entertainment music

ALL POINTS EAST: one to remember

24 May 2 June 2019 welcomed back East London’s most hotly-anticipated music festival for its second year. BEAST magazine were on the ground to cover it all – from iconic headlining acts to eclectic artists, and not to mention the delicious street food and drinks that kept us going throughout. Here we look back on our highlights from across the two weekends, and look forward to next year…

Victoria Park is alive with music and chatter. It’s the second last Friday of May, and there’s a palpable excitement in the air. Perhaps it’s the fact it’s the end of the week, the sun is shining (or was initially at least!) and summer feels but a whisper away. But most likely it’s because it’s the first day of the ten-day extravaganza that is All Points East. Flanked by two weekends of star-studded lineups, including the likes of Christine and the Queens, Mumford and Sons, Bon Iver and The Vaccines, the park becomes a playground of musical flirtations. Pop met rock, techno met folk, and synth met indie, not to mention the week of free activities – ‘In the Neighbourhood’ – sandwiched in between. It’s no wonder then that this multi-flavoured music festival has become a firm diary fixture for the East London community and beyond.

Two months on, and we’re still reliving many of the festival’s golden moments. Take for example that first Friday, which saw a strong theme of rave nostalgia. Electronic duo Chemical Brothers headlined with a trippy set of their much-loved techno tunes – all accompanied by a mesmerising, almost hypnotic, display of visuals and even giant robots. Although the technically superb performance included tunes from their ninth album, No Geography, woven throughout was crowd-pleasing favourites such as ‘Hey Boy Hey Girl’, ‘Swoon’, and ‘Galvanize – all of which produced an electrical pulse of sentimentality throughout an audience itching for an old-times-sake rave. Hot Chip and Primal Scream equally played to a crowd of mainly generation Xers with a day-pass from the kids. Sweat-soaked joy came from Hot Chip’s noughtie’s anthem ‘Ready for the Floor’ and ‘Over and Over’, and rain-soaked joy from Primal Scream’s Bobby Gillespie, who, clad in a pink suit, played his 90s hit ‘Screamadelica’. Worthy of mention too was Spiritualized, who owned the West stage with their back catalogue despite the rain.

Julien Baker – Photo by Rory James

Sunday of the first week was a more indie-affair and welcomed the mellow melodies of Canadian singer-songwriter Mac Demarco, who brought his laid-back lyrical genius to his set – perfect for those of us lolling about with a drink in hand.

The day also saw Bow born-and-bred Honne offer up their sensational synth-pop anthems in “the park where [we] write most of our songs”. The stand-out star of the day was, of course, headliner Christine and The Queens, who arrived on stage just as the heavens opened and left the stage to a sea of affection and joy. Backed by pyrotechnics and a dance troupe, her amorous performance was nothing short of triumphant. Including a potent cover of David Bowie’s ‘Heroes’ and a sexy cover of Janet Jackson’s ‘Nasty’, she also moved and flowed her way through her own material with equal ease and expertise to the soul-touching finale of ‘Doesn’t Matter’. Later describing her APE experience as ‘incandescent’ (perhaps a reference to the fact some of the stage caught fire briefly!), we couldn’t agree more: Héloïse Letissier était en feu…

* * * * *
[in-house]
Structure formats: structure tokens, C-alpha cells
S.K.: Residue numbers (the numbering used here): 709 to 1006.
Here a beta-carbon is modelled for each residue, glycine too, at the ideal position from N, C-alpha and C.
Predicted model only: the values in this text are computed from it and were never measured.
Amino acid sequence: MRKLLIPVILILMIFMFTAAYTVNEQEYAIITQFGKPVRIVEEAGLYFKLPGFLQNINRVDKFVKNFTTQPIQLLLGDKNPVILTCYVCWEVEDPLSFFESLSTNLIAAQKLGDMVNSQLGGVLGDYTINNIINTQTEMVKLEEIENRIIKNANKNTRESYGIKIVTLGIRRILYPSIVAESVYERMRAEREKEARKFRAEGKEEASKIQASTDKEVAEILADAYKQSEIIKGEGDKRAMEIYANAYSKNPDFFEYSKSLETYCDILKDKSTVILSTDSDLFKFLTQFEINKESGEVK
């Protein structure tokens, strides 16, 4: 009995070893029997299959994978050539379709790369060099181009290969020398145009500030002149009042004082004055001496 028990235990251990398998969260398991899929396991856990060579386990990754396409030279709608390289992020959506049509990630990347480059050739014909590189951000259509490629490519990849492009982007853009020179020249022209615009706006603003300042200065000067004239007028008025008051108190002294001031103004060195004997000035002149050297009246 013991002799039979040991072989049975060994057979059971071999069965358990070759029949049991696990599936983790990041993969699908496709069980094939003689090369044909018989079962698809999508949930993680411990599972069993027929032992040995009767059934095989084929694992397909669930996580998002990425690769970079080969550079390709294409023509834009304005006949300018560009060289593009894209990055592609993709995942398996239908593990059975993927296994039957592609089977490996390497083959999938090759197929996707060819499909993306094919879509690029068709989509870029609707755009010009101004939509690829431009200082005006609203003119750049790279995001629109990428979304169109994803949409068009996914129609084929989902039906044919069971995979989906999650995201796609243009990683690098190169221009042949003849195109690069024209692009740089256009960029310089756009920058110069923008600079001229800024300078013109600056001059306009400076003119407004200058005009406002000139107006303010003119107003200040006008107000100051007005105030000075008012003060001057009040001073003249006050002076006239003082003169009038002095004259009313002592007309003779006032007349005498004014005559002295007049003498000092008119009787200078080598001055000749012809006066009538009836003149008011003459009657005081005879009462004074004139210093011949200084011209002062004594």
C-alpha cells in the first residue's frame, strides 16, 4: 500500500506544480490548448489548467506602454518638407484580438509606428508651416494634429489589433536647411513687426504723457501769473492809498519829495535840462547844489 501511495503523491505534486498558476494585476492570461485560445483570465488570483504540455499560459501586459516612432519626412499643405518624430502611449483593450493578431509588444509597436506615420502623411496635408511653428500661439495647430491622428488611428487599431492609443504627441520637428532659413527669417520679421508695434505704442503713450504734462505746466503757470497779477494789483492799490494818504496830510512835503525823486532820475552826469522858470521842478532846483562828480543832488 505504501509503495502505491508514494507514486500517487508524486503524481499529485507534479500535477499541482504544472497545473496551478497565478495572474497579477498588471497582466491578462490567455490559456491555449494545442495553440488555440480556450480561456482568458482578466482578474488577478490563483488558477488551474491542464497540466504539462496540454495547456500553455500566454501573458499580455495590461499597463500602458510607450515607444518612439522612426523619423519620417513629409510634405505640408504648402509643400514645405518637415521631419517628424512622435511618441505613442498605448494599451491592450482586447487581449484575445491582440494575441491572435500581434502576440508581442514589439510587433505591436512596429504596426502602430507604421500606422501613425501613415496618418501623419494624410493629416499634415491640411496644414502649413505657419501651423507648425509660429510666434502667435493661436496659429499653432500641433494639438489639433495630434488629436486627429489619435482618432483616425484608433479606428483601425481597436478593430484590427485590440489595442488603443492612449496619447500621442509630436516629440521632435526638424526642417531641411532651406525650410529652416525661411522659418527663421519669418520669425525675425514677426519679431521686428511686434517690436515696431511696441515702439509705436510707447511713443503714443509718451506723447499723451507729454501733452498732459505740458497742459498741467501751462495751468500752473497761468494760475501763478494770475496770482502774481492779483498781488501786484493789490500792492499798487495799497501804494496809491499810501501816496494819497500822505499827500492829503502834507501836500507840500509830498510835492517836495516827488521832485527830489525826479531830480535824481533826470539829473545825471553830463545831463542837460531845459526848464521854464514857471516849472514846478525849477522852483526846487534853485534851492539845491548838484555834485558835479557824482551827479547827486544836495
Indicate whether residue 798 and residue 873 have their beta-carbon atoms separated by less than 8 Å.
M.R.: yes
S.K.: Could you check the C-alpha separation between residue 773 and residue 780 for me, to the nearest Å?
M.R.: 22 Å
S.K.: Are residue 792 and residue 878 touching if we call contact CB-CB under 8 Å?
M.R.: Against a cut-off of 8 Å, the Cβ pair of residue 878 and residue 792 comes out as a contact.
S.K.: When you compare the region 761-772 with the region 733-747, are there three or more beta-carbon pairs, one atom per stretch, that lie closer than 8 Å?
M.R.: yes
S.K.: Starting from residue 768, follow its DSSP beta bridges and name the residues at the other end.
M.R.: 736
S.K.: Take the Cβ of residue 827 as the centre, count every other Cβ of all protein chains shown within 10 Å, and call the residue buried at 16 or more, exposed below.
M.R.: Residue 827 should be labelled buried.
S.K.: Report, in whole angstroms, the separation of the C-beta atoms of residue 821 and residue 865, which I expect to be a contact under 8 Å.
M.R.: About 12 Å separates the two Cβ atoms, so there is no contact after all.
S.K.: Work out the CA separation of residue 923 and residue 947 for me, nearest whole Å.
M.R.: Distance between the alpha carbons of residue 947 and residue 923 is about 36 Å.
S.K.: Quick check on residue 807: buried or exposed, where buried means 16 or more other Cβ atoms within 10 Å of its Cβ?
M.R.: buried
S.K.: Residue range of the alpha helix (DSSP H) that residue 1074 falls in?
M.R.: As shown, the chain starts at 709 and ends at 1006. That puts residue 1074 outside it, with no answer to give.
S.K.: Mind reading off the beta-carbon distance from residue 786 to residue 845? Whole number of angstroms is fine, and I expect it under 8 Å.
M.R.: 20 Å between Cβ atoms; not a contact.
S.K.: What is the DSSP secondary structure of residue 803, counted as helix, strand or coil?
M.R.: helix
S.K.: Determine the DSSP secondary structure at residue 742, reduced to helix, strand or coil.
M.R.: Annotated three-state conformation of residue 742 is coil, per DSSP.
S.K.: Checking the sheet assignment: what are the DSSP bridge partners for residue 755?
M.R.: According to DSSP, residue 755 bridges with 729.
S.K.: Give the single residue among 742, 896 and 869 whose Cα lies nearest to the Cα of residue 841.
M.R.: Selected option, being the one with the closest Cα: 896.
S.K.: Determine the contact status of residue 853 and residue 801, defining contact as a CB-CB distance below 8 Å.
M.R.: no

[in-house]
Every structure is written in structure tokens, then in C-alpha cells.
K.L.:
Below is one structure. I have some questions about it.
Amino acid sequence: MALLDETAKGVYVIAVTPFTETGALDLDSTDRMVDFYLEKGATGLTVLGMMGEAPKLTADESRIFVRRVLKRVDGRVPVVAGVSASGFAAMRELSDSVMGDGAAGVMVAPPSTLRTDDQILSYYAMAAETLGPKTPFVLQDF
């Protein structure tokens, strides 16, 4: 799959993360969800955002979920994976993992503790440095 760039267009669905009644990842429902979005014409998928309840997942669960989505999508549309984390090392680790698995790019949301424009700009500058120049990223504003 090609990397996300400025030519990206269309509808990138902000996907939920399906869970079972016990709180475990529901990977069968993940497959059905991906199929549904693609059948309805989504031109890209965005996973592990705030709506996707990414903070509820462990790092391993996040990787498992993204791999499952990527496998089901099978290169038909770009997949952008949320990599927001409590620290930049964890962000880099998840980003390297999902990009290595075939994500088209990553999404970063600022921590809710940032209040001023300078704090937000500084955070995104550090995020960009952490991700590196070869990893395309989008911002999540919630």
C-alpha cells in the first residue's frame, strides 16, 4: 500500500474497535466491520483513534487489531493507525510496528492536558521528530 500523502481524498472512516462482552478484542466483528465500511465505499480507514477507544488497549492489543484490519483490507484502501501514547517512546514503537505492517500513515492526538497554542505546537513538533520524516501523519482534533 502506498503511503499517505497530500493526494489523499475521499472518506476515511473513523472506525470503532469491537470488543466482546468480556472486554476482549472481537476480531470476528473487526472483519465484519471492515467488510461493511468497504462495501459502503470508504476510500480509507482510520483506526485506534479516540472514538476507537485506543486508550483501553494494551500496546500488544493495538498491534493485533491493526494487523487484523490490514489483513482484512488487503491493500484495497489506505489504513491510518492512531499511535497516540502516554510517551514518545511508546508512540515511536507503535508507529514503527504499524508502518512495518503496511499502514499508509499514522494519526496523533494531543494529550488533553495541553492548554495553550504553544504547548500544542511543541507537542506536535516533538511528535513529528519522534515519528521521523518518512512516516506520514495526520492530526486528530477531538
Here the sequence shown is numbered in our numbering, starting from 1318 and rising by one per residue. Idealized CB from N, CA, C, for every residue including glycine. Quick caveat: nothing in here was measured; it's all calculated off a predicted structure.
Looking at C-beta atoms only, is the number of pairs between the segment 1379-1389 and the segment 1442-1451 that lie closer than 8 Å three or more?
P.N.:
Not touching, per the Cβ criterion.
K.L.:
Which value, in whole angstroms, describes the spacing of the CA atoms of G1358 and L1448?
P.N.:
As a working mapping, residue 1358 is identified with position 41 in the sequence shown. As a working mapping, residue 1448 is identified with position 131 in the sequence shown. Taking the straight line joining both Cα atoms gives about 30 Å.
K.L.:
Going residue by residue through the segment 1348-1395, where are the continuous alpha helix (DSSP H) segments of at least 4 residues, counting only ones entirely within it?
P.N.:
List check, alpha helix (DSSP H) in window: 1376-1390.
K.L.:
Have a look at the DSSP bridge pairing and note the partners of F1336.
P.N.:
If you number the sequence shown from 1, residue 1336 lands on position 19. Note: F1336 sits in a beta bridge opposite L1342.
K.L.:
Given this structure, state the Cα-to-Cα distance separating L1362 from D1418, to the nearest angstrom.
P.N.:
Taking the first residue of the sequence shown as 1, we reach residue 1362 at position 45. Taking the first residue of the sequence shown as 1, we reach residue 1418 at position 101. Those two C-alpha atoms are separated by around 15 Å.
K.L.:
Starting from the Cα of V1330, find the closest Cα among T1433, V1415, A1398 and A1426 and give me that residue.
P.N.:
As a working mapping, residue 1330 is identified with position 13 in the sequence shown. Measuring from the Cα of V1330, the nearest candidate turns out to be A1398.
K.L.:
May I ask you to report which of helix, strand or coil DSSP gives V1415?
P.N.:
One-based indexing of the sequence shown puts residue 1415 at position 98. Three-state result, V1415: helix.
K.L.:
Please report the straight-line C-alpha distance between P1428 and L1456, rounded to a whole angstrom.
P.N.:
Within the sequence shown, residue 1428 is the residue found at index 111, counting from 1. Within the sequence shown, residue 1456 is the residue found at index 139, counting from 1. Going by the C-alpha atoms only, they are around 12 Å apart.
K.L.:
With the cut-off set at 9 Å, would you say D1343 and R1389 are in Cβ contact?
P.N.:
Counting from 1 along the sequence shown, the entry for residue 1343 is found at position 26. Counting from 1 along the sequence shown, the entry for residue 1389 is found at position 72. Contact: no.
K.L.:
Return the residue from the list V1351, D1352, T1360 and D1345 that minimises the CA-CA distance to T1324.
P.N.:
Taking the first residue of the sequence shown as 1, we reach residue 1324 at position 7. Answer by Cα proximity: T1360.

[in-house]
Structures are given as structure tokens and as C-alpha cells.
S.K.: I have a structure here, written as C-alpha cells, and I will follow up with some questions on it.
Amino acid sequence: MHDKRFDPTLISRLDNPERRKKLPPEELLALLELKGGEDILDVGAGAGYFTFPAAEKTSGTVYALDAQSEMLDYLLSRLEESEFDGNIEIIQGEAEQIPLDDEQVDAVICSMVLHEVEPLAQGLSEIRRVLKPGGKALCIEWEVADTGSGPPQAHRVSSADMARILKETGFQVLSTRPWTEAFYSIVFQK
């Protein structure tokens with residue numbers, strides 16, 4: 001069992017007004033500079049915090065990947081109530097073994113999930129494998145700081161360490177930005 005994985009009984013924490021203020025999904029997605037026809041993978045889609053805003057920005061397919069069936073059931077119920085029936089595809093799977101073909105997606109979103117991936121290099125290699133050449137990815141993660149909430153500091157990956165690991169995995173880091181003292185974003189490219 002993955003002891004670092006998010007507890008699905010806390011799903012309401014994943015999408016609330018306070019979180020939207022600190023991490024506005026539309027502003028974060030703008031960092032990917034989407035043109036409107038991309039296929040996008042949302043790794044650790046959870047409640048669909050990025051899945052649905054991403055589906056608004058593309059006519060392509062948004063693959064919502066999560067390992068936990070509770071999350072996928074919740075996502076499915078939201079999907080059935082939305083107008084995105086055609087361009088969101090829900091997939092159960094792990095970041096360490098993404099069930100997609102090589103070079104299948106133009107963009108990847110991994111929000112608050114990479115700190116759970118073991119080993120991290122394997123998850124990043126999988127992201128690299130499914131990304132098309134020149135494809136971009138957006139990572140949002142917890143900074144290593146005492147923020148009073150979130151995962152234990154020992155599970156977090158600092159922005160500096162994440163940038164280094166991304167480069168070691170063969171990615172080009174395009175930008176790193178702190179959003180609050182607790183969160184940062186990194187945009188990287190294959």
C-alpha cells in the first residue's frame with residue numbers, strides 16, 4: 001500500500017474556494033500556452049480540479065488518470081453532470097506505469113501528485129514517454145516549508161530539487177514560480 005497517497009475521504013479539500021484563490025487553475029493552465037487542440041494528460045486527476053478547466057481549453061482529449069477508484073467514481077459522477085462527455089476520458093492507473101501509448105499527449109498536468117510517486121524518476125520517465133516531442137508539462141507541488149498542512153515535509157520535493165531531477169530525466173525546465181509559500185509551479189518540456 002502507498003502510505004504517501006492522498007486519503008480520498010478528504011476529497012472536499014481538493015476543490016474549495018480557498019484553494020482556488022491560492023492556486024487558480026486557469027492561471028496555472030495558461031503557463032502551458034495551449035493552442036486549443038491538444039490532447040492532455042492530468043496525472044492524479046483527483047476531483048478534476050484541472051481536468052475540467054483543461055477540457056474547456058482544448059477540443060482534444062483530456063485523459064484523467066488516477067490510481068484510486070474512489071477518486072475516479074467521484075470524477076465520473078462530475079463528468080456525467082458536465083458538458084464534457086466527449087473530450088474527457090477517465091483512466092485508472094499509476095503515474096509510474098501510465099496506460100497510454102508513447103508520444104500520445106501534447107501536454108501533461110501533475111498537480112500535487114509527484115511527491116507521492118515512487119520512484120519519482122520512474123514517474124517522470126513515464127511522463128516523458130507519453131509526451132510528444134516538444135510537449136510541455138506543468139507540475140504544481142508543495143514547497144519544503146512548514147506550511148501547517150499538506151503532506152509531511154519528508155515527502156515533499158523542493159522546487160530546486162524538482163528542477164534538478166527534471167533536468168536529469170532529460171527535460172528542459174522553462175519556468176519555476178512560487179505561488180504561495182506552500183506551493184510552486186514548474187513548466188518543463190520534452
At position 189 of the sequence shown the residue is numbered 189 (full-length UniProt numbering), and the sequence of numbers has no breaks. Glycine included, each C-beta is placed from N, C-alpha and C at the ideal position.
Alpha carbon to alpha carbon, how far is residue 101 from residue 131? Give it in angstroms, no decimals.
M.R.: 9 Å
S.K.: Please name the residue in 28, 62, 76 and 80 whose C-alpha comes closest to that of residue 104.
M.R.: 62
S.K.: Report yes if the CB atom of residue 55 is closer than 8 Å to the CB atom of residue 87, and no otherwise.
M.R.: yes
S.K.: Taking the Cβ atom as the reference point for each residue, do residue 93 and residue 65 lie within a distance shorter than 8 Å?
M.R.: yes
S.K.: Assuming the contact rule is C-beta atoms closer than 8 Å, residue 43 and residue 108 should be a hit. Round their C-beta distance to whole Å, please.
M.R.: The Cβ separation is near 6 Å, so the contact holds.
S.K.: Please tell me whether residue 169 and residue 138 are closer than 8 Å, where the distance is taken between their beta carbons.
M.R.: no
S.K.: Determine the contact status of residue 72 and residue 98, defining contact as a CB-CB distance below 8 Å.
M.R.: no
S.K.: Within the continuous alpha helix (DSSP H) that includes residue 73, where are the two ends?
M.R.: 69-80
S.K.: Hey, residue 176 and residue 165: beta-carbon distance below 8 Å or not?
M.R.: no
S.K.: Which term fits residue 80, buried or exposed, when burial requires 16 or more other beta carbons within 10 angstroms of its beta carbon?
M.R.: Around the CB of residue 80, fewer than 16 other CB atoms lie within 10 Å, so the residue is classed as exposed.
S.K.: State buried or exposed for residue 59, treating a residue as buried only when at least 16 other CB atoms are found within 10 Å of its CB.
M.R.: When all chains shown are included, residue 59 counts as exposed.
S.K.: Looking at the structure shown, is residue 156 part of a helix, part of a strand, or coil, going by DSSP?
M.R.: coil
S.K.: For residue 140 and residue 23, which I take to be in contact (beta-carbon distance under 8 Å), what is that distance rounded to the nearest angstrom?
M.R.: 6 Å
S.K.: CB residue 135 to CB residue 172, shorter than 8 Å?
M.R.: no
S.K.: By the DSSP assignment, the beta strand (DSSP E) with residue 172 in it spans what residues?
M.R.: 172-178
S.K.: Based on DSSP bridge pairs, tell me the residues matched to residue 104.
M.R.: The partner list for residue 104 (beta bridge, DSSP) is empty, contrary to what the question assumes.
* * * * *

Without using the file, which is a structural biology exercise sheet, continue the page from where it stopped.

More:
The next week saw Hackney’s own Dizzee Rascal transform the All Points East stage audience into ‘bassline junkies’, and you can be sure we all went bonkers for his iconic party song ‘Dance wiv me’. What started off as a quiet set of people hanging around on picnic blankets soon turned into an energetic mass of people dancing their way down memory lane. The Staves trio of sisters held the audience in the palm of their hands as they sang their angelic harmonies in the most enviable of outfits.  

Mumford and Sons – Photo by Lou Morris Photography

The headline slot had to go to Mumford and Sons, who provided a two-hour set of sunny, heart-filling musical magic as part of their Gentleman of the Road x All Points East takeover. Undoubtedly, the group attracted one of the largest crowds of the day, even possibly the week. Thousands stood illuminated by the stage’s glowing golden lights, which perfectly reflected the giddy warmth of everyone there. We swayed side to side, fuelled by JägerHaus’s ‘All Points Passion’ cocktails and love – united by the music, but also each of us alone holding our own stories within the songs.

The final Sunday saw Bon Iver close with a deeply satisfying, psychedelic headlining set. His emotive folk classics ‘Skinny Love’ and ‘Flume’, from his debut studio album For Emma, Forever Ago, reminded us all of the power of the personal to resonate outwards to the universe – and that good lyrics are timeless. You could almost hear the collective sigh of past loves and heartbreaks ripple throughout the crowd. Justin Vernon also managed to drop two new songs in there, to much delight.

With the final song sung and the last of the crowds heading towards Mile End and the reality of the Central Line, All Points East wrapped up for another year. Nice work APE, see you next year.

allpointseastfestival.com

 

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